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Graft-Versus-Host Disease

Treatment of severe steroid refractory acute graft-versus-host disease with infliximab, a chimeric human/mouse antiTNFα antibody


Acute graft-versus-host disease (aGVHD) is a serious complication of allogeneic peripheral blood stem cell transplantation (PBSCT). Patients with severe aGVHD not responding to treatment with steroids have a poor prognosis. We treated four patients with severe aGVHD refractory to steroids with infliximab, a chimeric human/mouse antiTNFα antibody. Patients (CML 2, MM 1, AML 1) developed grade III–IV GVHD at a median of 34 days (range 15–76) after myeloablative PBSCT (two), donor lymphocyte infusion for relapsed CML (one) or non-myeloablative PBSCT (one), respectively. All patients had severe intestinal involvement in addition to skin and/or liver disease and had received treatment with high-dose steroids (four) for a median of 11 days (range 5–17) in addition to CsA (four) and MMF (three). Infliximab (10 mg/kg) was given once a week until clinical improvement. In three of four patients a complete resolution of diarrhea and significant improvement of skin and liver disease were observed. Two patients received one, one patient two and one patient three infliximab infusions. At present two patients are alive >200 days after therapy, one with limited cGVHD. Two patients died, one of progressive malignant disease without GVHD and one of refractory GVHD. Infliximab is apparently an active drug for the treatment of aGVHD. Bone Marrow Transplantation (2001) 28, 47–49.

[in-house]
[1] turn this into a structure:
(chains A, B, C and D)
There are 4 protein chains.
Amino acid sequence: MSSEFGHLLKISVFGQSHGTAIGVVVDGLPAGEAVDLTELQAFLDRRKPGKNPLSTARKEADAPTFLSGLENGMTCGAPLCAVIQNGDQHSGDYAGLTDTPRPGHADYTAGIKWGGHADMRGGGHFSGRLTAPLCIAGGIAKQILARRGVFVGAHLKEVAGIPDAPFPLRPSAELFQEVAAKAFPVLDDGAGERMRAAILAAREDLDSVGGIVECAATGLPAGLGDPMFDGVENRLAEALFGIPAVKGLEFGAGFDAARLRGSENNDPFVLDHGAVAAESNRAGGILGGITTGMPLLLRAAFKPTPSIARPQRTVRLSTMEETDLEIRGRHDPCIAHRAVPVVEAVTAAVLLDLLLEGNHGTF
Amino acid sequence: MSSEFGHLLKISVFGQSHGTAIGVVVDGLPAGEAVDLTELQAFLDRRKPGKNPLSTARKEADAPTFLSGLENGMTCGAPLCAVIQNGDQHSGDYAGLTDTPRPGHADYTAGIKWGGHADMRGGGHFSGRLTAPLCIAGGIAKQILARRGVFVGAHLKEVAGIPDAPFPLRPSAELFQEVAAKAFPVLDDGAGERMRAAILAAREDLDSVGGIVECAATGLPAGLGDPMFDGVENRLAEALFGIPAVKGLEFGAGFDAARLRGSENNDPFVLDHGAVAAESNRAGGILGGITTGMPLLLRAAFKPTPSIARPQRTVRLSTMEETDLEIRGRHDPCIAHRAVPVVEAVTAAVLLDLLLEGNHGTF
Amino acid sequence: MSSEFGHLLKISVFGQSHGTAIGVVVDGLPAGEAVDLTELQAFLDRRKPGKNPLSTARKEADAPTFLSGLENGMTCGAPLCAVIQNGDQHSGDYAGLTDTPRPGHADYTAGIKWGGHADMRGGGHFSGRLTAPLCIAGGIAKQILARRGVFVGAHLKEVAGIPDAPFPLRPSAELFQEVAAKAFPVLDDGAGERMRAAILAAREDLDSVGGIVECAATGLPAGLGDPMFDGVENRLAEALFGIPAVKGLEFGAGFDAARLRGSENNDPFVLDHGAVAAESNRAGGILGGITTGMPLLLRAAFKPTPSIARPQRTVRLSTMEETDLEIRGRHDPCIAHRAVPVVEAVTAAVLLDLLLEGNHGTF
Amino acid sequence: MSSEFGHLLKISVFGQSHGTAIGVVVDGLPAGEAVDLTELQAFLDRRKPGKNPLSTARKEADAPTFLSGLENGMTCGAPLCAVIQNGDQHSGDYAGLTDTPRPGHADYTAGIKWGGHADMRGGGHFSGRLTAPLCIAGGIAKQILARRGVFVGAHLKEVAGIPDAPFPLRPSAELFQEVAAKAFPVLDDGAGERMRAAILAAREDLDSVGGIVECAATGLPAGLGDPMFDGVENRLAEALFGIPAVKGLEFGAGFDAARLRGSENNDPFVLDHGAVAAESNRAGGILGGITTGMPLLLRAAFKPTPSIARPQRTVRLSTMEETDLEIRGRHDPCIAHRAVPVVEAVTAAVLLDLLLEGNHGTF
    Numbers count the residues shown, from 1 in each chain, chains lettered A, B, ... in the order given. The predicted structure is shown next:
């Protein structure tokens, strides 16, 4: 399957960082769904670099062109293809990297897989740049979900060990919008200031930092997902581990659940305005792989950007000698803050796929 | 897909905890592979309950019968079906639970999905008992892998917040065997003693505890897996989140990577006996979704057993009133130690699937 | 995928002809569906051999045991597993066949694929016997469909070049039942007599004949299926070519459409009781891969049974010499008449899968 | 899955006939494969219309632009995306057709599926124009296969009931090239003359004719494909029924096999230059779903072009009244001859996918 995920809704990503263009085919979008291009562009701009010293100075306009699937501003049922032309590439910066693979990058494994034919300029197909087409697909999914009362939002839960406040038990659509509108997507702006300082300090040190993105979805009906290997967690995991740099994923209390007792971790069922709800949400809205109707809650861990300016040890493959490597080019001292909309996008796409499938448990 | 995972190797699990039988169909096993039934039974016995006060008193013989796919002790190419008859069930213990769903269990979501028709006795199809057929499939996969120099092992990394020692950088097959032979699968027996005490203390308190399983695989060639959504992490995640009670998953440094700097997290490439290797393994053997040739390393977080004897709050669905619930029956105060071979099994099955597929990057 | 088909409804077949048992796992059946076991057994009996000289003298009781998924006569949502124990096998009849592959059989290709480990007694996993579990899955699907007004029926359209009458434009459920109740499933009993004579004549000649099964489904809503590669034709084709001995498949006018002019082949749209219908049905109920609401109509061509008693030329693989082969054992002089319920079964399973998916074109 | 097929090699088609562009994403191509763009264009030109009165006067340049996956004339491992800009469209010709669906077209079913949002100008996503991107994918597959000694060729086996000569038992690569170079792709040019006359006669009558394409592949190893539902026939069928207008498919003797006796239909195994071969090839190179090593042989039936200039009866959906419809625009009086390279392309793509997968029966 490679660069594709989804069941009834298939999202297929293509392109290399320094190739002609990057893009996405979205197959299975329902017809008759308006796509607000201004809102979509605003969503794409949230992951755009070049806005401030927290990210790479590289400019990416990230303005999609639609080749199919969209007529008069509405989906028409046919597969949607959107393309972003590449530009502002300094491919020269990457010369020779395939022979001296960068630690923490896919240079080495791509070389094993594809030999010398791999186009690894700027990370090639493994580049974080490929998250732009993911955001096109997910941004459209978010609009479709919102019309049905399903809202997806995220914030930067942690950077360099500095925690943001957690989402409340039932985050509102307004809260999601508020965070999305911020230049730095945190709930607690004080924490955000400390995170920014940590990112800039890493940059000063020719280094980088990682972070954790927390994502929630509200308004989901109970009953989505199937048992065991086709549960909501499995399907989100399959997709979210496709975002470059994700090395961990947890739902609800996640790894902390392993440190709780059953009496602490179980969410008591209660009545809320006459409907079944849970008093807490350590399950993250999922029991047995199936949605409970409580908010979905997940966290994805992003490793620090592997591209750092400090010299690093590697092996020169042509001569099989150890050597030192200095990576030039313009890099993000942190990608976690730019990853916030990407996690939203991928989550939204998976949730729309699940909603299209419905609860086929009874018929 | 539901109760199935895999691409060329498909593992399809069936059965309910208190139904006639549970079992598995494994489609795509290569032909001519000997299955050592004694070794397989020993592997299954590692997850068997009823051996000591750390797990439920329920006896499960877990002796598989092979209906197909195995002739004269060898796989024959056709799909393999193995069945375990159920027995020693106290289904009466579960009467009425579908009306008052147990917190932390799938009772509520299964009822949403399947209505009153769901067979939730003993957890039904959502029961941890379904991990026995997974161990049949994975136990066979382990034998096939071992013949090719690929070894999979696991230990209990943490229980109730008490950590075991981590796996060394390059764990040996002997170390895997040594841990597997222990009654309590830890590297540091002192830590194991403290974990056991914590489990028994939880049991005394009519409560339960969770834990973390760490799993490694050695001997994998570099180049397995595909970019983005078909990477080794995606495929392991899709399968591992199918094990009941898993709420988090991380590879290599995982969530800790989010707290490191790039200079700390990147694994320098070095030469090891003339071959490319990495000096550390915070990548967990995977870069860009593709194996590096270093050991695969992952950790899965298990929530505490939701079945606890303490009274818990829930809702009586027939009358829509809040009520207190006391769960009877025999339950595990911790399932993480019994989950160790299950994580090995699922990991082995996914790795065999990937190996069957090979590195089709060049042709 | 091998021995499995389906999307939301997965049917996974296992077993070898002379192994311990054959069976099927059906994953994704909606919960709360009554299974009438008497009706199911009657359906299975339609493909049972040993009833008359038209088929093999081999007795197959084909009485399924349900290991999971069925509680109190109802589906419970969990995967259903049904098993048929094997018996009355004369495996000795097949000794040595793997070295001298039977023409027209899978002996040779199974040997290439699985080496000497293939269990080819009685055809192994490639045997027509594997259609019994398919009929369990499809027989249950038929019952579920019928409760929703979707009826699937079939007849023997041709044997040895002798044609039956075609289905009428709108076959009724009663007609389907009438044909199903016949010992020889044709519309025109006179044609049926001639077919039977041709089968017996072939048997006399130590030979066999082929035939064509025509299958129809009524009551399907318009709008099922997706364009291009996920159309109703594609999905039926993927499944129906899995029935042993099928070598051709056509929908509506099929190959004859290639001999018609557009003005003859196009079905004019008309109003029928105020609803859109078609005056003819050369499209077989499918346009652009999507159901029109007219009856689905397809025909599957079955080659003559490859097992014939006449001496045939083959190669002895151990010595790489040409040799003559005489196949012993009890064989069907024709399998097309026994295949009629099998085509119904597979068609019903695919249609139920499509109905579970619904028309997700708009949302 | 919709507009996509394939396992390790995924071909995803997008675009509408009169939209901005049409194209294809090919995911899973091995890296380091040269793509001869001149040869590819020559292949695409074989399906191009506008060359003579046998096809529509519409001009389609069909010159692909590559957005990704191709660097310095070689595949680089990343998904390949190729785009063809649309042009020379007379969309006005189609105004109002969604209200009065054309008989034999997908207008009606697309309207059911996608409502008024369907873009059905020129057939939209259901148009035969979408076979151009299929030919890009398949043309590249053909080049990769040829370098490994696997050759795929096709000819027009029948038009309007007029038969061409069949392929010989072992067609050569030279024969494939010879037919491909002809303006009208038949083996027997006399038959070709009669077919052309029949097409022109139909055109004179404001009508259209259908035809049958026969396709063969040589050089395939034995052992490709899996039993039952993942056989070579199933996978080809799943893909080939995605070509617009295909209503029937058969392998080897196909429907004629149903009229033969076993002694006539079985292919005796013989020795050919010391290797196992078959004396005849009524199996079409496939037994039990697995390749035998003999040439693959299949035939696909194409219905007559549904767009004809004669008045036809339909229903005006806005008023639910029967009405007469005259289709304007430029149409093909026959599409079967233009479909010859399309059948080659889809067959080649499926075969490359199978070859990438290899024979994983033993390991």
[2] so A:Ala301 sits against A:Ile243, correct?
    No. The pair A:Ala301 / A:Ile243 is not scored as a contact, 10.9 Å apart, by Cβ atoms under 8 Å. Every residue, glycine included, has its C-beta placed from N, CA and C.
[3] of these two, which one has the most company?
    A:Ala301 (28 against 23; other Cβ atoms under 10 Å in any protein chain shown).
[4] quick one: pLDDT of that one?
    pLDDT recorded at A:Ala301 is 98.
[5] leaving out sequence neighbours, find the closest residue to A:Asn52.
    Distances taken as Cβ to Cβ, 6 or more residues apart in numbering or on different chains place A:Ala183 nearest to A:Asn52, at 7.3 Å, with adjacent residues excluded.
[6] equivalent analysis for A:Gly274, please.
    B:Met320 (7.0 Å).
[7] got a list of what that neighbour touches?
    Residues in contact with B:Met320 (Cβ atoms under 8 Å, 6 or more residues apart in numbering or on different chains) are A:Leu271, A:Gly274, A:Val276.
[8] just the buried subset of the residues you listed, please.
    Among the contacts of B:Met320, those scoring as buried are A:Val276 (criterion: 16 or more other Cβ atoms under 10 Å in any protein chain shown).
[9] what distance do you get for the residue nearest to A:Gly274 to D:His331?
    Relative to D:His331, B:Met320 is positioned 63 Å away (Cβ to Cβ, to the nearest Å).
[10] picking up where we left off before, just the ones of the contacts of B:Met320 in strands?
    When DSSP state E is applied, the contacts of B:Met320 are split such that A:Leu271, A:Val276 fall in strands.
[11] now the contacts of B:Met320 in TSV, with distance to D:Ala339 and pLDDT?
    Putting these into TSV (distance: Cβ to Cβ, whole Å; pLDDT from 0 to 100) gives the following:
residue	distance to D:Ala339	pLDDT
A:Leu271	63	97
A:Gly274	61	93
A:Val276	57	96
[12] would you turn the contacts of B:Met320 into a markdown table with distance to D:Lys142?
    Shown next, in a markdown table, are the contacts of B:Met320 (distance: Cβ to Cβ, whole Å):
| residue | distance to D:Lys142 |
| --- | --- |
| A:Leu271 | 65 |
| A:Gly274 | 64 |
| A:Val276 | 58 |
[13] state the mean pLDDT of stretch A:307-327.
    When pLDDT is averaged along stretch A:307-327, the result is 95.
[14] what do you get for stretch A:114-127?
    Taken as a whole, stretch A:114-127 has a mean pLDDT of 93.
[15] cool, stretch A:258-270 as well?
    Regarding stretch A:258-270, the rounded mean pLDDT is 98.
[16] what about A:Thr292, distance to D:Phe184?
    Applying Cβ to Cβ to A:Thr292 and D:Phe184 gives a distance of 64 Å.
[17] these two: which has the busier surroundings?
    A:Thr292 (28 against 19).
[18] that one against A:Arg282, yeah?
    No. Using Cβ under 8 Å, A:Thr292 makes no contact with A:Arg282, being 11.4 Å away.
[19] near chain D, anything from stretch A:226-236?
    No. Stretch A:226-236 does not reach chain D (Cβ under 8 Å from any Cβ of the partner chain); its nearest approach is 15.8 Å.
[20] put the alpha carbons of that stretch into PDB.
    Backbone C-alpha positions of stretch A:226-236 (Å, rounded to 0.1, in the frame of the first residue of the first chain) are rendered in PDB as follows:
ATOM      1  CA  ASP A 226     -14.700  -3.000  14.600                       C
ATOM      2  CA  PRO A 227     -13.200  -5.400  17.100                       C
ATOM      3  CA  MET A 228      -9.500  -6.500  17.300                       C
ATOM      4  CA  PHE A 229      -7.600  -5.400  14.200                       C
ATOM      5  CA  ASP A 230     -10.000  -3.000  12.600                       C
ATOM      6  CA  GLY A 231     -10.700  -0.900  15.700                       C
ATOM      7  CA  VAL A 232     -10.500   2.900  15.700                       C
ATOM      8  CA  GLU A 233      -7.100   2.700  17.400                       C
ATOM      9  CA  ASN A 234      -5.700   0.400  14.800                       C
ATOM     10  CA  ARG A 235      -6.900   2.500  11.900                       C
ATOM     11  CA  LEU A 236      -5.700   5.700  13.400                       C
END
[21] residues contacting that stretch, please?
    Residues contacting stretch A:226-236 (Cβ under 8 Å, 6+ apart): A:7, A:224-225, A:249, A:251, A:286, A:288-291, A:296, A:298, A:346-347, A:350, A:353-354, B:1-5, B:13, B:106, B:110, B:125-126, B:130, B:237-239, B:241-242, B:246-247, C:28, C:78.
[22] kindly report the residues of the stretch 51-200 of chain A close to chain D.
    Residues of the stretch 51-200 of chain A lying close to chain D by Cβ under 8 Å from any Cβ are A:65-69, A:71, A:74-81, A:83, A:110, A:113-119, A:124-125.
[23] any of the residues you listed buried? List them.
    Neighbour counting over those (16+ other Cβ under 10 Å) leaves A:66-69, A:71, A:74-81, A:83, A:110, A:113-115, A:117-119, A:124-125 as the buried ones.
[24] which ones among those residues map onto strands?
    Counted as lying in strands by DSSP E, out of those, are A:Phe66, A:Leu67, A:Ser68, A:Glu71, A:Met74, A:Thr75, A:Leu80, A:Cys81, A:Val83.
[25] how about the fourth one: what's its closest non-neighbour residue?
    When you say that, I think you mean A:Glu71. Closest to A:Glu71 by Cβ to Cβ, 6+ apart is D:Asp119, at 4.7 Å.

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Kobbe, G., Schneider, P., Rohr, U. et al. Treatment of severe steroid refractory acute graft-versus-host disease with infliximab, a chimeric human/mouse antiTNFα antibody. Bone Marrow Transplant 28, 47–49 (2001).

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  • graft-versus-host disease
  • TNF-α
  • infliximab

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